The current state of international affairs and conflicts in multiple parts of the world requires a constant state of vigilance and preparedness for all U.S. defense and intelligence operations. Part of this preparation involves having a deep and accurate understanding of the ever-evolving geospatial landscape, in as close to real-time as possible.
Geospatial knowledge has always been a critical component of military intelligence, with the goal of minimizing the time window of data capture to analysis to dissemination. Today this time lapse is widening as the volume, variety and velocity of data is increasing at an unprecedented rate. More information is, ironically, leading to slower (and less accurate) decision-making. At the highest level, this latency can have an adverse impact on the geo-intelligence needed for any type of military operation.
There are various types of data that are often kept in disparate databases - including LiDAR (light detection and ranging), multispectral, hyperspectral, SAR (synthetic aperture radar), aerial and other modalities. The high costs, inflexibility and inability to share geospatial data between systems continues to be a major roadblock because geospatial analysts are forced to use inefficient, time-consuming and error-prone data transfer methods.
Any single dataset only gives a limited amount of information, and can be used only for a finite number of purposes. Integrating and linking multiple datasets or derived data products (related to a specific area of interest) are essential to gaining more insights, answering additional questions and making better decisions. In fact, geospatial data is most useful when multiple forms are shared, analyzed and used in combination with one another.
For example, a U.S. professor recently received a prestigious Fulbright U.S. Scholar Award for his humanitarian-focused geospatial research. This project involves synthesizing a vast amount of geospatial data including cell phone GPS tracking, remote sensing imagery, location references in text and more, to better understand and address the movement of Ukrainian refugees in Poland.
However, a data analyst has to download multiple file formats and develop their own processing pipelines in order to synthesize and enrich data. Before starting a processing task, an analyst needs to search multiple databases to find the data he/she needs and then download this complex data in multiple formats as inputs into a processing pipeline, with each input requiring its own API. In a defense example, target detection using hyperspectral data requires a custom processing pipeline that also incorporates aerial imagery for context and possibly point clouds for advanced 3-D visualization.
This approach limits the ability to do rapid processing across various sources. There isn’t a single place for all geospatial analytics and machine learning - including point cloud exploitation, image processing, feature detection, change detection or support for digital twins - which prevents deeper contextual understanding.
Rapid processing from various sources is the key to achieving the type of integrated richness that supports faster assessments. Building on the defense target example above, beyond basic data access and capture, this type of analysis adds another level of complexity, because there are disparate closed source and open-source tools to analyze each different data type. Currently advanced imagery analytics require custom tools with limited API integration. Imagine if there were a single API that optimized data access and could integrate into these tools.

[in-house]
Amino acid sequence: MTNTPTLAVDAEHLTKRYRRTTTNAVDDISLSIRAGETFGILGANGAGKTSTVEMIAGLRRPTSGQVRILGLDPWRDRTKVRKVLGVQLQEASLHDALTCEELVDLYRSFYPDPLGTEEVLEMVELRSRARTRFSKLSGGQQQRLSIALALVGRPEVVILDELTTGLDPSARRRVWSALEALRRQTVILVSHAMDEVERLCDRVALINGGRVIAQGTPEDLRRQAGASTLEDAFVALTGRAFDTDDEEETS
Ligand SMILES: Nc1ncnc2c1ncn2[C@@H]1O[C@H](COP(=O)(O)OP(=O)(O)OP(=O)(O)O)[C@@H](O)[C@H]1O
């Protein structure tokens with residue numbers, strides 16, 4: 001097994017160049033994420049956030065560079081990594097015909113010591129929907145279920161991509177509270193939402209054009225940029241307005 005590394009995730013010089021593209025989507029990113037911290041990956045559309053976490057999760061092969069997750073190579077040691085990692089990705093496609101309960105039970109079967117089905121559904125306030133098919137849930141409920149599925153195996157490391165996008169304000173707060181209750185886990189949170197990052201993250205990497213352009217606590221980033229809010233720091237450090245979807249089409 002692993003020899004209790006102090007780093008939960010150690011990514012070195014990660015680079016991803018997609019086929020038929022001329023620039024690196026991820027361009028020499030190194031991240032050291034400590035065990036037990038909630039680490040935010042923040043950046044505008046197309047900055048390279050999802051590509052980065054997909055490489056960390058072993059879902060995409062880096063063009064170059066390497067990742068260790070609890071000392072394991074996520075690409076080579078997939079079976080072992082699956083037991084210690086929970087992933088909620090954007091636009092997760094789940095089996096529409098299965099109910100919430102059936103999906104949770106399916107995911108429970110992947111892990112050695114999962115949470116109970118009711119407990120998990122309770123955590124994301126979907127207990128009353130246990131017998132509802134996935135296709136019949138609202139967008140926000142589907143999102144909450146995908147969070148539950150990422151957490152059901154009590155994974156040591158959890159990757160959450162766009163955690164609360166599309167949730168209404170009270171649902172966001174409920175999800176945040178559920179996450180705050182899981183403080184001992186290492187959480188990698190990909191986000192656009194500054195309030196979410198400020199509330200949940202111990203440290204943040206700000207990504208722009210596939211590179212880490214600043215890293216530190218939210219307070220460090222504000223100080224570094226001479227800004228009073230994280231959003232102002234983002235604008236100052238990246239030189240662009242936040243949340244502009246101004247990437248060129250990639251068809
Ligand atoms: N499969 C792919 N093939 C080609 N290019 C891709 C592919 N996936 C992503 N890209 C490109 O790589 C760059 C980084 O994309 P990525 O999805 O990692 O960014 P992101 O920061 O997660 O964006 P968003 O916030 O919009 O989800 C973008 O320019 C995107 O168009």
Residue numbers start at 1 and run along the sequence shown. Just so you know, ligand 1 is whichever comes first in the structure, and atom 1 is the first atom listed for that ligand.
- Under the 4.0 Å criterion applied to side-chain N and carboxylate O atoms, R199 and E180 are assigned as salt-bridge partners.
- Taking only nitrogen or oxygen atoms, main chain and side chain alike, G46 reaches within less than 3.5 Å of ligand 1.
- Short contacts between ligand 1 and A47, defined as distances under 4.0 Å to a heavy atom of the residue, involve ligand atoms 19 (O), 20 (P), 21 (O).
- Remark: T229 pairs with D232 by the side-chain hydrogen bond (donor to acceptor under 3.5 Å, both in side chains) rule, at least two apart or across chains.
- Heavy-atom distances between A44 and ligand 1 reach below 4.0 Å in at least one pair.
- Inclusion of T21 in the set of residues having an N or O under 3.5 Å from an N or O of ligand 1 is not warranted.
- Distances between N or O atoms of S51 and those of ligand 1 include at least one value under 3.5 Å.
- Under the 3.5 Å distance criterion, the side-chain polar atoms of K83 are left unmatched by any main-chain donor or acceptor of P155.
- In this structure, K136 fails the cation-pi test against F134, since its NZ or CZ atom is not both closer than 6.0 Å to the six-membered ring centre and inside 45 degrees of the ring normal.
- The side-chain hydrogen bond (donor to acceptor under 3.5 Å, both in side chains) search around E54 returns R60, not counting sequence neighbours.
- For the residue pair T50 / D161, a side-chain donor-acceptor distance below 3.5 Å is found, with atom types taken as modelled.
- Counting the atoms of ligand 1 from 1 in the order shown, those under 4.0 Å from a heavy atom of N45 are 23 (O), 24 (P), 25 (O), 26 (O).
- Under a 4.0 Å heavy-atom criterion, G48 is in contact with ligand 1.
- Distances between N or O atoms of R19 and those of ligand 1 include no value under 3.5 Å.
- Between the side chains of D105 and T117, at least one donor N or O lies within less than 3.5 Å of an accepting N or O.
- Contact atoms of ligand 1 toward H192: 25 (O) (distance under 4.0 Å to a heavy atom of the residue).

Finally, today’s geospatial analysts face restrictive compute limitations. Specifically, geospatial analysts often have to spin up clusters which slows time to insights, and limits the ability to parallelize operations. Advances in serverless architectures do away with this need, allowing developers to easily spin up and down applications without concerns about, or needing to wait for, hardware access.
We need a better approach, one that delivers insights in minutes versus days, and achieved through:
— A single platform to support all data modalities - there needs to be an efficient and unified method to store and analyze all geospatial data and derivative results;
— Distributed and highly scalable computing - allowing geospatial analysts to fully embrace the cloud to run any pipeline at scale without needing to initiate and activate clusters; and
— All of this needs to be accomplished while protecting sensitive information and ensuring data integrity. There should be compliant and isolated on-premises capabilities to fulfill data sovereignty requirements for both your mission and partners.
Geospatial knowledge continues to offer a vast repository of insights that can be used for the betterment of defense and intelligence operations, and at a higher level, human society. However, the volume, variety of velocity of this vast data requires a new approach to manage it cohesively, since current approaches are too fragmented.
Doing so will be the key to maximizing the power of geospatial information in the coming years, hopefully transforming data into life-changing intelligence within increasingly tightening timespans.
Norman Barker is the VP of Geospatial at TileDB. Prior to joining TileDB, Norman focused on spatial indexing and image processing, and held engineering positions at Cloudant, IBM and Mapbox.